Regarding Doctrinal Development
Mr. Walford’s position is that there has been a significant doctrinal development with AL. Indeed, he has written a book (The Pope, the Family and Divorce) in which an entire chapter (“Doctrinal Development: Time is Greater than Space“) is devoted to Mr. Walford’s contention that AL is a doctrinal development. In part he says (emphasis added):
Pope Francis has nevertheless taught that “moral certainty” can be had when certain circumstance don’t allow for the full objective ideal to be realized. In essence, this means that even if the sinfulness of an act remains, God will take into account our intention, and the other factors that affect a decision made in good conscience; again, the principle of “time is greater than space” would appear to be at play here. As long as the conscience is not closed off to seeking the truth–with God’s grace and patience–spiritual growth can certainly be made. We may recall Blessed Cardinal Newman’s gradual acceptance of Catholicism as a prime example of this. It is within this context that the doctrinal development of the “law of gradualness” applies–originally taught by St. John Paul II–and reaffirmed by Pope Francis inAmoris Laetitia 295.” (p. 131)(Source: Stephen Walford. The Pope, the Family and Divorce (Mahwah, NJ: Paulist Press, 2018), p.131.
Mr. Walford ends up suggesting what he had in a Vatican Insider article, that “those who know the situation is not right, yet love the Lord and the Church and desire to grow in a continual conversion” (see here) can receive communion. In his book, which I’ve made reference to before, Mr. Walford provides the sort of circumstances that might now allow the D&R to receive communion (p. 102-103 of The Pope, the Family and Divorce).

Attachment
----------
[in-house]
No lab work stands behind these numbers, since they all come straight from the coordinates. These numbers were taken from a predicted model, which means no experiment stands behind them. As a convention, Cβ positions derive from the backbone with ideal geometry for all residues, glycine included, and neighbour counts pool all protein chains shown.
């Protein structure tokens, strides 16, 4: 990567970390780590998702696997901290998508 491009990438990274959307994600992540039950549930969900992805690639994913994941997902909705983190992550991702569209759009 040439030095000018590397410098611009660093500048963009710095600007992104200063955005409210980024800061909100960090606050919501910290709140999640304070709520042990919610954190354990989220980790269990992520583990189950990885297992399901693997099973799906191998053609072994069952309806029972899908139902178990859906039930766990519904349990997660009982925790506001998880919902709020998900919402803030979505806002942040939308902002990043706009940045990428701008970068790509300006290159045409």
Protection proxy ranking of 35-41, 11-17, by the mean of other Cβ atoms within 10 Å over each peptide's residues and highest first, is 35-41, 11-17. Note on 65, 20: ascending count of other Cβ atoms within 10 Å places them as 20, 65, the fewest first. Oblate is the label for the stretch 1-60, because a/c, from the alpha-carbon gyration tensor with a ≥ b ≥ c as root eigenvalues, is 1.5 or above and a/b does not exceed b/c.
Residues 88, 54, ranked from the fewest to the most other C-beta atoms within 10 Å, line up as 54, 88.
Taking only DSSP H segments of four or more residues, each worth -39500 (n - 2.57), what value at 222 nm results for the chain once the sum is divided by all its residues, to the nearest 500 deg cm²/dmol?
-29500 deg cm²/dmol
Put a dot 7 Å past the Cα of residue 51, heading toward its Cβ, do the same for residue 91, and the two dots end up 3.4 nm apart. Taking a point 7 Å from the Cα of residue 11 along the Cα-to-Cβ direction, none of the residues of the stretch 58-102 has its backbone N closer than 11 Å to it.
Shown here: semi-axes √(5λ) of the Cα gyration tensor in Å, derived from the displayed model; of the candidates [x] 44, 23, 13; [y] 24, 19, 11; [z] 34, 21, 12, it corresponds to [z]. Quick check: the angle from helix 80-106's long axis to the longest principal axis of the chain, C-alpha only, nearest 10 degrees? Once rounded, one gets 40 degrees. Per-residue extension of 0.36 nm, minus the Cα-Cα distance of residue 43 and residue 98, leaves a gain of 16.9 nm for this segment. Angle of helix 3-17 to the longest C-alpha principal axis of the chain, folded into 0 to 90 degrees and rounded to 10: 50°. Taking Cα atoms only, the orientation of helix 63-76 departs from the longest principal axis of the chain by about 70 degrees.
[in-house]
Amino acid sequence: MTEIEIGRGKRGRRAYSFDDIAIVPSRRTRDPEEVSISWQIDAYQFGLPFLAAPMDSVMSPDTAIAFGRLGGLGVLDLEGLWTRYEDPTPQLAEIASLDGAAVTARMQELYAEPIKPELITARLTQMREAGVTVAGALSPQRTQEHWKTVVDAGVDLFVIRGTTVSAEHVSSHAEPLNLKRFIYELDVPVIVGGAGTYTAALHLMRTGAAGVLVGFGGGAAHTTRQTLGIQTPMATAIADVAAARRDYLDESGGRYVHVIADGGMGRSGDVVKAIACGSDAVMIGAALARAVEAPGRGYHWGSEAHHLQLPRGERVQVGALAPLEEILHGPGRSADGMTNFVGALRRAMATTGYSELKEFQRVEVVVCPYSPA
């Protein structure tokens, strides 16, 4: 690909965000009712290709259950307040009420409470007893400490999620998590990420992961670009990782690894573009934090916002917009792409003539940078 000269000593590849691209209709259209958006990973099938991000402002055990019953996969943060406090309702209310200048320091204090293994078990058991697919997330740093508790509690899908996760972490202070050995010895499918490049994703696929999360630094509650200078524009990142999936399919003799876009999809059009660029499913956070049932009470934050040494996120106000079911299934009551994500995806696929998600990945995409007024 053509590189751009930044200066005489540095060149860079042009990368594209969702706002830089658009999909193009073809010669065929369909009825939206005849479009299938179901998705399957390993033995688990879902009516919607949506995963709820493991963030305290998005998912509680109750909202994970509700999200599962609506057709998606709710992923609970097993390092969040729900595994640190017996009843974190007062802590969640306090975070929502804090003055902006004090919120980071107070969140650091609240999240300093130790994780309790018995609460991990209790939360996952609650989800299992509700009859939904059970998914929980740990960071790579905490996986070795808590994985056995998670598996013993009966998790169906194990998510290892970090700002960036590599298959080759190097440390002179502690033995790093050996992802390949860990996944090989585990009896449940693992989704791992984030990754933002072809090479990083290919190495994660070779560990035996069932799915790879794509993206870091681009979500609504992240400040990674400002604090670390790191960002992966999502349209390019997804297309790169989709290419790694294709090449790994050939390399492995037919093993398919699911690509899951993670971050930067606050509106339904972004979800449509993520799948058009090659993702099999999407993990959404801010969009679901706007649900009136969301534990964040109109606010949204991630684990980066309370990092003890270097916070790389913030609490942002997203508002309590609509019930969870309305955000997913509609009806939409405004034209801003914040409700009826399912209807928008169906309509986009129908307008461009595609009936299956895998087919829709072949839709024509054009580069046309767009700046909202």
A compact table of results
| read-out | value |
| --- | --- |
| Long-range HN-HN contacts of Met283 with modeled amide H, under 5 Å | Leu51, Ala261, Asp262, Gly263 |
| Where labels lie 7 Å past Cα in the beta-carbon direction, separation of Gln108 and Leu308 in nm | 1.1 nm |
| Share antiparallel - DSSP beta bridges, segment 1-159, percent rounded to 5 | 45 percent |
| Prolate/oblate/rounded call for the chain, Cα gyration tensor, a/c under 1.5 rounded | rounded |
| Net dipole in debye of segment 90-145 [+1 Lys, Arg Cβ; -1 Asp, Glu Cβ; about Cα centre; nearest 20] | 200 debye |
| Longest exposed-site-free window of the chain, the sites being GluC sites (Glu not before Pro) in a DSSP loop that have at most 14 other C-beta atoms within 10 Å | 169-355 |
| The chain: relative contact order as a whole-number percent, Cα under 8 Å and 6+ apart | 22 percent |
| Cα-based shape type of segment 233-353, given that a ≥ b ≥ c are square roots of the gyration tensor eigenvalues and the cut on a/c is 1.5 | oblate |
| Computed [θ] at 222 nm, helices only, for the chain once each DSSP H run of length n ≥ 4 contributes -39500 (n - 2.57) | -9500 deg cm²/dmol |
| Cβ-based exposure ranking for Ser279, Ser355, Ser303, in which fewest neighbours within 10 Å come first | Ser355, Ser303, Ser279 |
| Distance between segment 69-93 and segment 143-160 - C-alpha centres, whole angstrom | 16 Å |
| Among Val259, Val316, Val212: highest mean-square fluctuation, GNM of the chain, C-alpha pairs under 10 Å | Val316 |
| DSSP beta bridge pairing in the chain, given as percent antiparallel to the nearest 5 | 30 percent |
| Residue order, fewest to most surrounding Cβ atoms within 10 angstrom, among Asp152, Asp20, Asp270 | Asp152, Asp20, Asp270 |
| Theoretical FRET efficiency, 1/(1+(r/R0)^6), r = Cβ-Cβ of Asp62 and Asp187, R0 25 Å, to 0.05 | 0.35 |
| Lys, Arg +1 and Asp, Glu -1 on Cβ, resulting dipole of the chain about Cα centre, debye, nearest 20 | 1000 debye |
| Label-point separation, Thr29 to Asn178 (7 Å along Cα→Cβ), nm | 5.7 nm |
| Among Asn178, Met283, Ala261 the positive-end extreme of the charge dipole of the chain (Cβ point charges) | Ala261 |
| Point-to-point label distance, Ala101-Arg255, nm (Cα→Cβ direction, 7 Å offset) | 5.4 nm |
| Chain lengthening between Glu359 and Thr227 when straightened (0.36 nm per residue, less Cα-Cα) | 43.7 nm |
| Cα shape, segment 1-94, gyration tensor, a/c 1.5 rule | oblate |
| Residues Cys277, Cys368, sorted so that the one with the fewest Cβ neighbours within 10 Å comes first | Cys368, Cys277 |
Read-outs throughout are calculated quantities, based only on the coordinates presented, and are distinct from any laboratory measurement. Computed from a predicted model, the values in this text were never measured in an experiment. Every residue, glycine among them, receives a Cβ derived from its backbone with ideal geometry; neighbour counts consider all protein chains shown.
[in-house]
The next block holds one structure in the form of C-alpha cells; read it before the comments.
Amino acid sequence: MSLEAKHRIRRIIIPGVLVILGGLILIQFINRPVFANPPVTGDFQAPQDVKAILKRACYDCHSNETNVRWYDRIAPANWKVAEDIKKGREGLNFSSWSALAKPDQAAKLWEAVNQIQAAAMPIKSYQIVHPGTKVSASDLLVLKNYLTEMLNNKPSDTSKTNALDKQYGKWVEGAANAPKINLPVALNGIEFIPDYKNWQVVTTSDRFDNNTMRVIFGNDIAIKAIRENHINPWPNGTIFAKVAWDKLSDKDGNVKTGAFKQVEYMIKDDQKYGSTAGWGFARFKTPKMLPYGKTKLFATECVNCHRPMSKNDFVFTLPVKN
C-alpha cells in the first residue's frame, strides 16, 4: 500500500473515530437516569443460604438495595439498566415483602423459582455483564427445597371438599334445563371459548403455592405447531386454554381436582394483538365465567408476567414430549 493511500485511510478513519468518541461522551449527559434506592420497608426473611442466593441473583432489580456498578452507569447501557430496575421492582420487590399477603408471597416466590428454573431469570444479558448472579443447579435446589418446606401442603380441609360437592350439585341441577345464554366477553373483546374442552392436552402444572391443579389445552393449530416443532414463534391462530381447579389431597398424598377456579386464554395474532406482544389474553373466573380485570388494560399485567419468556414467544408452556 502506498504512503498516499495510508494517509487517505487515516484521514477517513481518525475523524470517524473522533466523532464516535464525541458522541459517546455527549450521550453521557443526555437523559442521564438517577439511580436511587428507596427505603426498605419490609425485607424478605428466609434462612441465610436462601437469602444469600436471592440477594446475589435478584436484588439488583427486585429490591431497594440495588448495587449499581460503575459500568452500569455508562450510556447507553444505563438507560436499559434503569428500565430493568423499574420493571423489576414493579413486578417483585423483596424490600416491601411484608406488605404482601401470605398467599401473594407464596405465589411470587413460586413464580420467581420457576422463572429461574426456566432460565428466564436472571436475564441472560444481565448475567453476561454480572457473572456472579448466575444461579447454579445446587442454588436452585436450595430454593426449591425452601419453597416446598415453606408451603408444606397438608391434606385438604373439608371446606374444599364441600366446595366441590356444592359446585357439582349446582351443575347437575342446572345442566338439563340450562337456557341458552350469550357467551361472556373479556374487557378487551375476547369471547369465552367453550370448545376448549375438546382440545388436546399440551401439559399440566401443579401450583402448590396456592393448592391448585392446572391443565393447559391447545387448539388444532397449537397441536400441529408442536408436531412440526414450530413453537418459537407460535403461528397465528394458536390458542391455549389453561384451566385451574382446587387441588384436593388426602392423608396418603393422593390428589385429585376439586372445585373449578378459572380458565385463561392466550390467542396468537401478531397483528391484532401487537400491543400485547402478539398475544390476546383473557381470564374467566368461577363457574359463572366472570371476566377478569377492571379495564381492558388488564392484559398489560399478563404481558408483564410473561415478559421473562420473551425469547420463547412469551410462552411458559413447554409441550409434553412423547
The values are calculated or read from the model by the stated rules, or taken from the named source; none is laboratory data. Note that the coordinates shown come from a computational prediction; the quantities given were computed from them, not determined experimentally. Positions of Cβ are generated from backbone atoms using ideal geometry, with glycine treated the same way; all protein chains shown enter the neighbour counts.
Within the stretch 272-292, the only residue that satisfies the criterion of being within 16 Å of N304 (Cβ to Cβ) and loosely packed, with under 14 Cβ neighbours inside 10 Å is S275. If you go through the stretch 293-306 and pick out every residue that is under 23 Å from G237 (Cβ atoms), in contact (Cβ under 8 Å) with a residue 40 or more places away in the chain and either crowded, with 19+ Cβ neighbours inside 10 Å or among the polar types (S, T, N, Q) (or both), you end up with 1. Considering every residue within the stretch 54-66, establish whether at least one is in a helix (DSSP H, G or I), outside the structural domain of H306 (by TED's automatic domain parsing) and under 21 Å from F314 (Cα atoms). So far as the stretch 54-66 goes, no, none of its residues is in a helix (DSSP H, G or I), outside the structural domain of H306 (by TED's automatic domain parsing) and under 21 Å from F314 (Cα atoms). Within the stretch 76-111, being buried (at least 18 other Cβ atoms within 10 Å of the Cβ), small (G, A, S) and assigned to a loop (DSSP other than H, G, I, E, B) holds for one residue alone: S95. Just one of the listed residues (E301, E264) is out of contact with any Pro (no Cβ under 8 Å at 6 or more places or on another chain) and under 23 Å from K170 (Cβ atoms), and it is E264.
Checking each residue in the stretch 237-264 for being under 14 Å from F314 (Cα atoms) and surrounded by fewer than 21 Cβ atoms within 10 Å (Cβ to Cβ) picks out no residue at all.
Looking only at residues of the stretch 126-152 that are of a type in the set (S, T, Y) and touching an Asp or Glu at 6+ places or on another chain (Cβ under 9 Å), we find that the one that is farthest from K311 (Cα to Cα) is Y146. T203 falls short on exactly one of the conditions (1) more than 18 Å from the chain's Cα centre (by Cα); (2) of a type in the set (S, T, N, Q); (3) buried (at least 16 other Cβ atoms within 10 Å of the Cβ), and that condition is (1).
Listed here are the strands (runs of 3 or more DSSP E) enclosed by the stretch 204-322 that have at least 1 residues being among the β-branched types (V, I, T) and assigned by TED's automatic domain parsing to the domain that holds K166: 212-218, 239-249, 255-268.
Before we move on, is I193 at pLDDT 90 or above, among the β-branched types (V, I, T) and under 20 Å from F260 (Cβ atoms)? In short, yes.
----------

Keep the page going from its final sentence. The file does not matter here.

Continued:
Fastiggi’ position is that the doctrine and discipline have not changed. That is to say, there has been no doctrinal development, at least not in the sense that Mr. Walford allows. Speaking of interpreting AL, again in a Vatican Insider article (see here), Professor Fastiggi’s stated that AL must be interpreted with a “hermeneutic of continuity.” In doing so, he links to an article by Fr. Matthew P. Schnedier, LC in the February 12, 2019 issue of Homiletic and Pastoral Review (see “Does the Text of Amoris Laetitia Allow Communion for the Divorced and Remarried?” by Fr. Matthew P. Schneider, LC). While I will not address Fr. Schneider’s article, it is clear Professor Fastiggi cites it favorably with regard to his own position, and in this regard we need only note Fr. Schneider concludes his article, touching on continuity, by writing: “The text of Amoris Laetitia does not allow absolution or Communion for the divorced and remarried who intend to have sexual relations with their “second spouse.” “
Therefore, it is manifestly clear that two writers chosen by Vatican Insider to defend Pope Francis and AL are in direct contradiction as to the nature of any doctrinal development which applies to Pope Francis’ Amoris Laetitia that would allow the D&Rs with an existing valid marital bond to either receive absolution or communion while still intending to have sexual relations with a new “spouse.”
Regarding the Buenos Aires Guidelines